I’d Follow This Somebody Somewhere

HBO’s Most Recent Winning Comedy About Being Different In the Heartland

It doesn’t always get better…unless you push. filmaffinity.com

If you’ve been a fan of TV comedies in the last decade, there is a chance you have seen or watched a production of the Duplass brothers. Mark and Jay Duplass were independent filmmakers and actors who in the last several years have moved almost exclusively to television. You probably recognize them even if you don’t know who they are — loyal fans of The Mindy Project remember them as the obnoxious holistic OB-GYNs who caused her and her colleagues so much angst. More often they act separately than they do together — Jay was most prominent as the troubled Pfefferman son on Transparent and has recently appeared as a widowed professor who gets caught in a viral moment on The Chair. Mark was recently nominated for a Golden Globe for his work on Apple TV’s The Morning Show.

Both brothers, however, are just as prominent for their surreal and often bizarre anthologies they have produced for HBO. Duplass produced and starred on the far too short lived Togetherness which was a wry comedy dealing with being in your forties Then they executive produced Animals, an absolutely insane animated series which followed animals living lives in a bizarre human world, sometimes and wasteland. And there’s no describing Room 104, their just completed anthology series which had often utterly insane and indescribable situations whose only commonality was that they were set in the title motel room.

Which is why their newest production Somebody Somewhere is bizarre and how normal it really is. There’s a lot of weird stuff going on to be sure, but it’s the weirdness of everyday life.

The series focuses on Sam played by Bridget Everett. Everett is a mostly comic actress, perhaps best known for her work with Amy Schumer, on both her Emmy winning Comedy Central series (always playing herself) and in the movie Trainwreck. She got more exposure in the much beloved Netflix comedy Lady Dynamite and the Emmy nominated Unbelievable. But I’ll be honest I don’t think I knew her true potential until this show.

Sam is a woman in her late forties, living in a small Kansas town. She moved back here a year earlier to take care of her dying mother who has now passed away. She works at a job she truly despises and clearly doesn’t feel like she fits in anywhere. Her sister openly loathes her. When Sam tells her that she came back from New York to take care of Mom, she actually has the nerve to ask: “What have you done for this family lately?” Shannon, her niece, clearly likes her but her sister loathes this relationship. Sam is subtle about being a lesbian, but her sister who is religious, hates her for it and thinks she’s trying to ‘convert here’.

The only person who reaches out to her is Joel (an unforgettable Jeff Hiller) who used to be her friend in school but who she didn’t realize she was working with until he pointed it out to her. He is more open about his homosexuality and is just as determined to make a place for him and others like them in a community that basically despises them. In the Pilot, he invites Sam to ‘choir practice’ which is essentially a gay club where everybody is allowed to be themselves and let their flag fly. Sam, who loved singing when she was much younger and who has buried it for decades, allows herself a moment of triumph when she performs a show-stopper in the final minutes of the pilot.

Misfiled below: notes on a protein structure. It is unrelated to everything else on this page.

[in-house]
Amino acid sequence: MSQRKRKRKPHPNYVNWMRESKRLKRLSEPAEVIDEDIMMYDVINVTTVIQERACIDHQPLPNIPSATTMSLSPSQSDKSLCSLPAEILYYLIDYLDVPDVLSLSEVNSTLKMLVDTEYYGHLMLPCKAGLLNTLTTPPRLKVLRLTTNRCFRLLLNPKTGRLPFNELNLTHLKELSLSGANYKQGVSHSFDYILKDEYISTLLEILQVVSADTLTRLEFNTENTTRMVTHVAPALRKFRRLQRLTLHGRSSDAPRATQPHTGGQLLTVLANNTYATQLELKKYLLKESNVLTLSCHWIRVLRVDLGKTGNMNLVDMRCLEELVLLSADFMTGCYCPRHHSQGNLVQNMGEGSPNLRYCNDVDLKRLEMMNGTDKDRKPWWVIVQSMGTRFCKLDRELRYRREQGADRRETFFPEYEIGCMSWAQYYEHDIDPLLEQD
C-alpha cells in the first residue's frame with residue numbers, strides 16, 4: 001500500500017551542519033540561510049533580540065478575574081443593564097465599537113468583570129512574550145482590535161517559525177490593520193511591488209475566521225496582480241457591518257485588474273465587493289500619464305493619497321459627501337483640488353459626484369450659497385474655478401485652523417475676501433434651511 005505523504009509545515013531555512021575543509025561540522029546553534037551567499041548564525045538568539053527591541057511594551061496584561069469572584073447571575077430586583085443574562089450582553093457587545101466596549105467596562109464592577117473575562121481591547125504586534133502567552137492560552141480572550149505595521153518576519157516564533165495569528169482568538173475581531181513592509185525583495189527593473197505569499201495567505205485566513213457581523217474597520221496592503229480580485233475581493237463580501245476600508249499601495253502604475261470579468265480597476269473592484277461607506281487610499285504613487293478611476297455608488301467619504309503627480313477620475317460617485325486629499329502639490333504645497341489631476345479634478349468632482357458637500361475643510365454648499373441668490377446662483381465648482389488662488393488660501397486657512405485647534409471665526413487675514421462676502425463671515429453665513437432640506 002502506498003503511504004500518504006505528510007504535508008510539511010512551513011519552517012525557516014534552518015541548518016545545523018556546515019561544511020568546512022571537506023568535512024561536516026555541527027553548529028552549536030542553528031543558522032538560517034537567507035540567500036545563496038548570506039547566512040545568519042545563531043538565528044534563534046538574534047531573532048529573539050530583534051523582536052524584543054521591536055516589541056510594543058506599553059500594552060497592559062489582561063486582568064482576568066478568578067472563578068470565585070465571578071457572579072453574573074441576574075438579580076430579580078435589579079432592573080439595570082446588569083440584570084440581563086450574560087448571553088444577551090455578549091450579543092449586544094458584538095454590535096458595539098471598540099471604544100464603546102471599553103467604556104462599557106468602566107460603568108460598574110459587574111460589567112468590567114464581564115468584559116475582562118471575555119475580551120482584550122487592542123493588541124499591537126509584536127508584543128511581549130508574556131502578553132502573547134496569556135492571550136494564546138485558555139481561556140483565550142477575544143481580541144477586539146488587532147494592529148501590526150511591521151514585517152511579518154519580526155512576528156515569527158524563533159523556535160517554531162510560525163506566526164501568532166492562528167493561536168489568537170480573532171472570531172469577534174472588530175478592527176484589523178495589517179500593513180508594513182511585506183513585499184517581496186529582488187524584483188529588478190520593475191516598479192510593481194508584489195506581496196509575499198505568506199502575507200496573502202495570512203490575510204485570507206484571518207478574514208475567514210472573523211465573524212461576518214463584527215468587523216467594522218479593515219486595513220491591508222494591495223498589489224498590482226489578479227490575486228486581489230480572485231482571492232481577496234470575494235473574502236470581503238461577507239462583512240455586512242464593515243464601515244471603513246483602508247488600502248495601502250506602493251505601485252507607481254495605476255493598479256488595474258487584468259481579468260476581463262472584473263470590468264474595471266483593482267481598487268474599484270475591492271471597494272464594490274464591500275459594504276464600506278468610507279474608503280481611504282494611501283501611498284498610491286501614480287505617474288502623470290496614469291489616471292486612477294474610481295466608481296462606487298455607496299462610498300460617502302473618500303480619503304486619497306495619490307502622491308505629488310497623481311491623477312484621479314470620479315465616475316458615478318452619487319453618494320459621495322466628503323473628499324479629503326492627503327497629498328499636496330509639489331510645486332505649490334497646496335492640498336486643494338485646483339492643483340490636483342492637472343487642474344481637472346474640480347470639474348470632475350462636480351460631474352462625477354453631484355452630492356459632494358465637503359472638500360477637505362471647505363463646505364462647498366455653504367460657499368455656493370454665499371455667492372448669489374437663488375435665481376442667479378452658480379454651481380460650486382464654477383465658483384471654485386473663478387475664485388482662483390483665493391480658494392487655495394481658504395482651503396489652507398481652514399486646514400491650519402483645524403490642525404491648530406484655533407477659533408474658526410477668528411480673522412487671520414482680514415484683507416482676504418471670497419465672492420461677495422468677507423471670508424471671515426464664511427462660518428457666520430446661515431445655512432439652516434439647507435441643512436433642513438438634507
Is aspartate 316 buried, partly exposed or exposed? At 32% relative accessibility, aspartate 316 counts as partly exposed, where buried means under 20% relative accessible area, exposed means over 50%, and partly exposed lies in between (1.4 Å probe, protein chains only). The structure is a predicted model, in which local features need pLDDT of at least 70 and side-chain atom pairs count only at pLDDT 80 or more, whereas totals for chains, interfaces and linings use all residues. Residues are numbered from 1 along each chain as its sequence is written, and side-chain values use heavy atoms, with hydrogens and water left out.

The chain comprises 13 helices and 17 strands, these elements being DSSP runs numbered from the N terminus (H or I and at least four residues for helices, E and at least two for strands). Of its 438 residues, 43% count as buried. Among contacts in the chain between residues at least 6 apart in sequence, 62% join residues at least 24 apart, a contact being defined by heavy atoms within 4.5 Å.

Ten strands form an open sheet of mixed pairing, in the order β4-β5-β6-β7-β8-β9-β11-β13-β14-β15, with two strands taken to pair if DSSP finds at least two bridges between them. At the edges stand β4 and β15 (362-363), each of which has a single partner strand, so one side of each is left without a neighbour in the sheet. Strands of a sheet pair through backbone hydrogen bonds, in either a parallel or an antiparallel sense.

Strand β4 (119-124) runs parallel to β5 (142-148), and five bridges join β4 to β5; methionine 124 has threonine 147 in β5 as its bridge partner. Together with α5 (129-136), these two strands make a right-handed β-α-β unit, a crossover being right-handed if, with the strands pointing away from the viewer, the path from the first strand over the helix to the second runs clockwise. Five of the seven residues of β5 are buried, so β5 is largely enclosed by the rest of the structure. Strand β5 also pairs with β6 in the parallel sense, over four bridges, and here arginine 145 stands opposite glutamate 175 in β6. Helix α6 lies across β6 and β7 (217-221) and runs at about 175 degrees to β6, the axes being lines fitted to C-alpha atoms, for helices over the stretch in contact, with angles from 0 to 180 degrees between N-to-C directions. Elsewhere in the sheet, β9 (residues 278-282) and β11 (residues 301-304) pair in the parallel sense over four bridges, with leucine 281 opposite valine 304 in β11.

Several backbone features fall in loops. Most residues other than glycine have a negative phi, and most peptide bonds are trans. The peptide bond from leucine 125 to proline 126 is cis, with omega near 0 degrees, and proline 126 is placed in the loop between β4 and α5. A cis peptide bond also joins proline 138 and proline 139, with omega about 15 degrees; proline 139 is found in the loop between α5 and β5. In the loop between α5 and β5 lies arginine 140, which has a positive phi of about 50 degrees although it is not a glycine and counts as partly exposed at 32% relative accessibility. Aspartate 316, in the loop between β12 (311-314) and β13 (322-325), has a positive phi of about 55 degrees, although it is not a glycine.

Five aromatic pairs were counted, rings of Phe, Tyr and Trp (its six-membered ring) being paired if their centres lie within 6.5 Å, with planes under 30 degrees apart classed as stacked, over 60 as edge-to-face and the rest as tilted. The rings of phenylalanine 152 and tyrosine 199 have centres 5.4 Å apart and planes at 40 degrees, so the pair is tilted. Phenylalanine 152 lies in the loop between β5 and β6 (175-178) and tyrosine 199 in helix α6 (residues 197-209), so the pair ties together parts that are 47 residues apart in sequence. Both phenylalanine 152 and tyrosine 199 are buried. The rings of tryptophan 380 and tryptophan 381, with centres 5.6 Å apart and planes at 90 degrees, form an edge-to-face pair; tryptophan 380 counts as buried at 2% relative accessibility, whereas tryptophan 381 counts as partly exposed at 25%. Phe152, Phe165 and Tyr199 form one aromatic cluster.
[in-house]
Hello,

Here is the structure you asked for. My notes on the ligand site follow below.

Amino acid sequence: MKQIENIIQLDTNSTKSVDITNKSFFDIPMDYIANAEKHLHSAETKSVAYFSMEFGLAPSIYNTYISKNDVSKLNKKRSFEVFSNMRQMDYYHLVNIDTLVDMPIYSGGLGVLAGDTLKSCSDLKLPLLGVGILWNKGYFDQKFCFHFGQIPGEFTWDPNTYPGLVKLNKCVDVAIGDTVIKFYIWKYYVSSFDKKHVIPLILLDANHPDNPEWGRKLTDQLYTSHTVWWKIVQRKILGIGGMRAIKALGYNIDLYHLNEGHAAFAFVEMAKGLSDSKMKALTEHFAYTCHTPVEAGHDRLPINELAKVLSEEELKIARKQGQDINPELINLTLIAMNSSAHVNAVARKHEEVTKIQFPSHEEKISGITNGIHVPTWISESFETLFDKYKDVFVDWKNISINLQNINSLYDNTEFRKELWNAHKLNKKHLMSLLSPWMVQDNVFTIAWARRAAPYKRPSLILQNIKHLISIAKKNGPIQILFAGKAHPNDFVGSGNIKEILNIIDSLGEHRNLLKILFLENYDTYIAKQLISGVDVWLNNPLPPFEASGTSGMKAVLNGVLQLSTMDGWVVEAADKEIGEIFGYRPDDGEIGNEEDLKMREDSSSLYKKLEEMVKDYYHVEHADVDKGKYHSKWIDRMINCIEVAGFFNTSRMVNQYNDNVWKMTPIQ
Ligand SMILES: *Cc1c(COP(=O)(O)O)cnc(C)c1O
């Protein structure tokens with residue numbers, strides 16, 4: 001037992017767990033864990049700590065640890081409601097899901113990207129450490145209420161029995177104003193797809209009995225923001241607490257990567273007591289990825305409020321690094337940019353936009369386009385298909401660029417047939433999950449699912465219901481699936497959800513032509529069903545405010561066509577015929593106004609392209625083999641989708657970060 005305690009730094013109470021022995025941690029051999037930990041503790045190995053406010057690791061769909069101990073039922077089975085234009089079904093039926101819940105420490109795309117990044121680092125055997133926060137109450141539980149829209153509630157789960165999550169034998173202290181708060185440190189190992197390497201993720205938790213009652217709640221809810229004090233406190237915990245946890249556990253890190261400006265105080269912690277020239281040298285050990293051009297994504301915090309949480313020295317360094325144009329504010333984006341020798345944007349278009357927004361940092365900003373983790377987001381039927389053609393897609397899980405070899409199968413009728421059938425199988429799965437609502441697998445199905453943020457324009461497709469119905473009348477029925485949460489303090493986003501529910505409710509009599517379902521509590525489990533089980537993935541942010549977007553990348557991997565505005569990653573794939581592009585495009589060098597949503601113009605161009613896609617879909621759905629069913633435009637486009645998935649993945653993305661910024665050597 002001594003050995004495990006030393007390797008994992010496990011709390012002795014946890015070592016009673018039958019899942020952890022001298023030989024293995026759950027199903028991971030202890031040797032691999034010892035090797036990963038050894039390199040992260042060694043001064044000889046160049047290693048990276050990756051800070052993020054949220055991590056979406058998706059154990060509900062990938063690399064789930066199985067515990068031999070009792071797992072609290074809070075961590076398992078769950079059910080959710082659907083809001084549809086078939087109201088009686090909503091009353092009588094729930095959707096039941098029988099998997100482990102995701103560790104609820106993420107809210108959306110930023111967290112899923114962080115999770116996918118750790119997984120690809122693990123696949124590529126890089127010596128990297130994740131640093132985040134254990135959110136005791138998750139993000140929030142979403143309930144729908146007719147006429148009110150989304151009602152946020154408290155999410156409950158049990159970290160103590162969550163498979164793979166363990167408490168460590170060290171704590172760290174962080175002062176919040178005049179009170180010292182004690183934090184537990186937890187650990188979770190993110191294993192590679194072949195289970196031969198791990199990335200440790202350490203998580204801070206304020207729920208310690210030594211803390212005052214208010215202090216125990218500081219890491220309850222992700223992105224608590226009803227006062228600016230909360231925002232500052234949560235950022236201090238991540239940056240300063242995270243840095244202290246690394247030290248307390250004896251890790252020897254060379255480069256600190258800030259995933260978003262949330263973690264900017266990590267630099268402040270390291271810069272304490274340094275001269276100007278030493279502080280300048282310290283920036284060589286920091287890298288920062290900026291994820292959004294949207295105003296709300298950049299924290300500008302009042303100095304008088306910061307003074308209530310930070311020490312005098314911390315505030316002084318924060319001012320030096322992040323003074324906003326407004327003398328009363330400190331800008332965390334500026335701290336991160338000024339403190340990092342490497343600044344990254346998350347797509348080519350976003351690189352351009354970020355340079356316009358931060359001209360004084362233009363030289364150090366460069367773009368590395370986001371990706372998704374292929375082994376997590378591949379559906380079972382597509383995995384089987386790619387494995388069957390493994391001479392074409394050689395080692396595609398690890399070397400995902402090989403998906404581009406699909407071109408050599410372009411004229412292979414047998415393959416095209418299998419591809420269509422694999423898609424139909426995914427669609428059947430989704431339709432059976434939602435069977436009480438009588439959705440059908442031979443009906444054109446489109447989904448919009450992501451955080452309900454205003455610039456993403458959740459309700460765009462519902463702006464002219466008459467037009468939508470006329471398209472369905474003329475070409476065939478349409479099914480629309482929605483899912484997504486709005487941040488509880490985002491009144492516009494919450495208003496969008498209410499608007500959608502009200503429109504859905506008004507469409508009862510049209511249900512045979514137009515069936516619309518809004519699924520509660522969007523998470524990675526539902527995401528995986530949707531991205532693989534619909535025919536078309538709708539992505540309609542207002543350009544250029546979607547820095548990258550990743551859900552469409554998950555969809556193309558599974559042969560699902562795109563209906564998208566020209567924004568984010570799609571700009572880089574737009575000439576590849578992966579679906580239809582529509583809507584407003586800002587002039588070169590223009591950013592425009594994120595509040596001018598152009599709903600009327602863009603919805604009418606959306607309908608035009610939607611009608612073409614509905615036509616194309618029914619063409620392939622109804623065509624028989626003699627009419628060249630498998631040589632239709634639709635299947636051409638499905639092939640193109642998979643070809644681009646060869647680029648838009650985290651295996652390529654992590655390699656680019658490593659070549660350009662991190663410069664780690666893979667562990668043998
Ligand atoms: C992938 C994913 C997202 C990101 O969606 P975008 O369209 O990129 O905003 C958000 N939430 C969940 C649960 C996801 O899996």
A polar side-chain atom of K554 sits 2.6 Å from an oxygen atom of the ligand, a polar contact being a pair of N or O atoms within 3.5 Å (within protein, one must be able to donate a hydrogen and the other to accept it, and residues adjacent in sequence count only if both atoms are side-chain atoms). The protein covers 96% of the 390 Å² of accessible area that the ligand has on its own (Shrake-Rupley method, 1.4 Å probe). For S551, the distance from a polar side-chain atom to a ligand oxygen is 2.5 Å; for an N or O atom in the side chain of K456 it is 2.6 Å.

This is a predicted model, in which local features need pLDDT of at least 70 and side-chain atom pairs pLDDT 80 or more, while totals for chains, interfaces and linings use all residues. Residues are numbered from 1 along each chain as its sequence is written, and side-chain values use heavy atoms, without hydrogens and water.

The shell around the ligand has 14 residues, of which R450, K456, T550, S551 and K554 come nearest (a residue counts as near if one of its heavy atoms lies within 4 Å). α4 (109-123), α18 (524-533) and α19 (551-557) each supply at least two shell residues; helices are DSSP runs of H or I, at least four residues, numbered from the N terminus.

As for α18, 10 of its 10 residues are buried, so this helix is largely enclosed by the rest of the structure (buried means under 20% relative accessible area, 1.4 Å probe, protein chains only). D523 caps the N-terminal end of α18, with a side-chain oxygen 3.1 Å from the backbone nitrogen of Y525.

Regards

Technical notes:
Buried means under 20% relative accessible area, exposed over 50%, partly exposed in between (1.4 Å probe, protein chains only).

Somebody Somewhere bills itself as a ‘coming of middle age story’ which is strangely accurate for a tagline. Sam lives in a world where she has sacrificed everything and is still not accepted. In a scene filled with hurt, her sister and a friend from church approve of her relationship with Joel ‘because he might make a good boyfriend’. For a woman who still has a picture of an ex-lover on her mirror — who she goes to visit in the second episode because there’s almost no one else she can talk to — this is excruciating. Her father clearly has not recovered from the loss of her mother. Her job is incredibly boring and filled with colleagues who say nothing but religious platitudes. She barely can interact with the people she met at choir practice. Only Joel is there for her, even when she explodes over his dreams.

I can already see the haters out there ragging on this series as another alternative comedy but in a way we need Somebody Somewhere even more than we needed Pose. Considering the horror stories that we still hear all to often from the Bible Belt (and its not a coincidence that this show takes place in the Heartland) we need stories that show LGBTQ+ not fighting in the same way they do on The L Word but engaged in battles that are far subtler and no less vital. It also helps matter that the series has a gentle and polite humor that everybody can love — the sight of Sam coming to visit Joel in his outfit for Zoomba looks like it could become a meme that we actually need.

Somebody Somewhere doesn’t take place in the same universe as Euphoria, one of the shows it follows. It’s grounded, its real, it’s optimistic, it’ funny and its entertaining, none of which I can honestly say Euphoria is. And it is subtler and gentler in its humor than far too many of the HBO comedies are, even the most brilliant ones — you really can’t see any of the characters being on Veep or Barry. I don’t think I’ve seen a show, comedy or drama, like this on HBO in a long, long time and I mean that in the best possible way. For that reason alone — as well as the fact that it’s pitching a message I think we can all get behind — you should see Somebody Somewhere and then tell a friend about it.

My score: 4 stars.

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David B Morris

After years of laboring for love in my blog on TV, I have decided to expand my horizons by blogging about my great love to a new and hopefully wider field.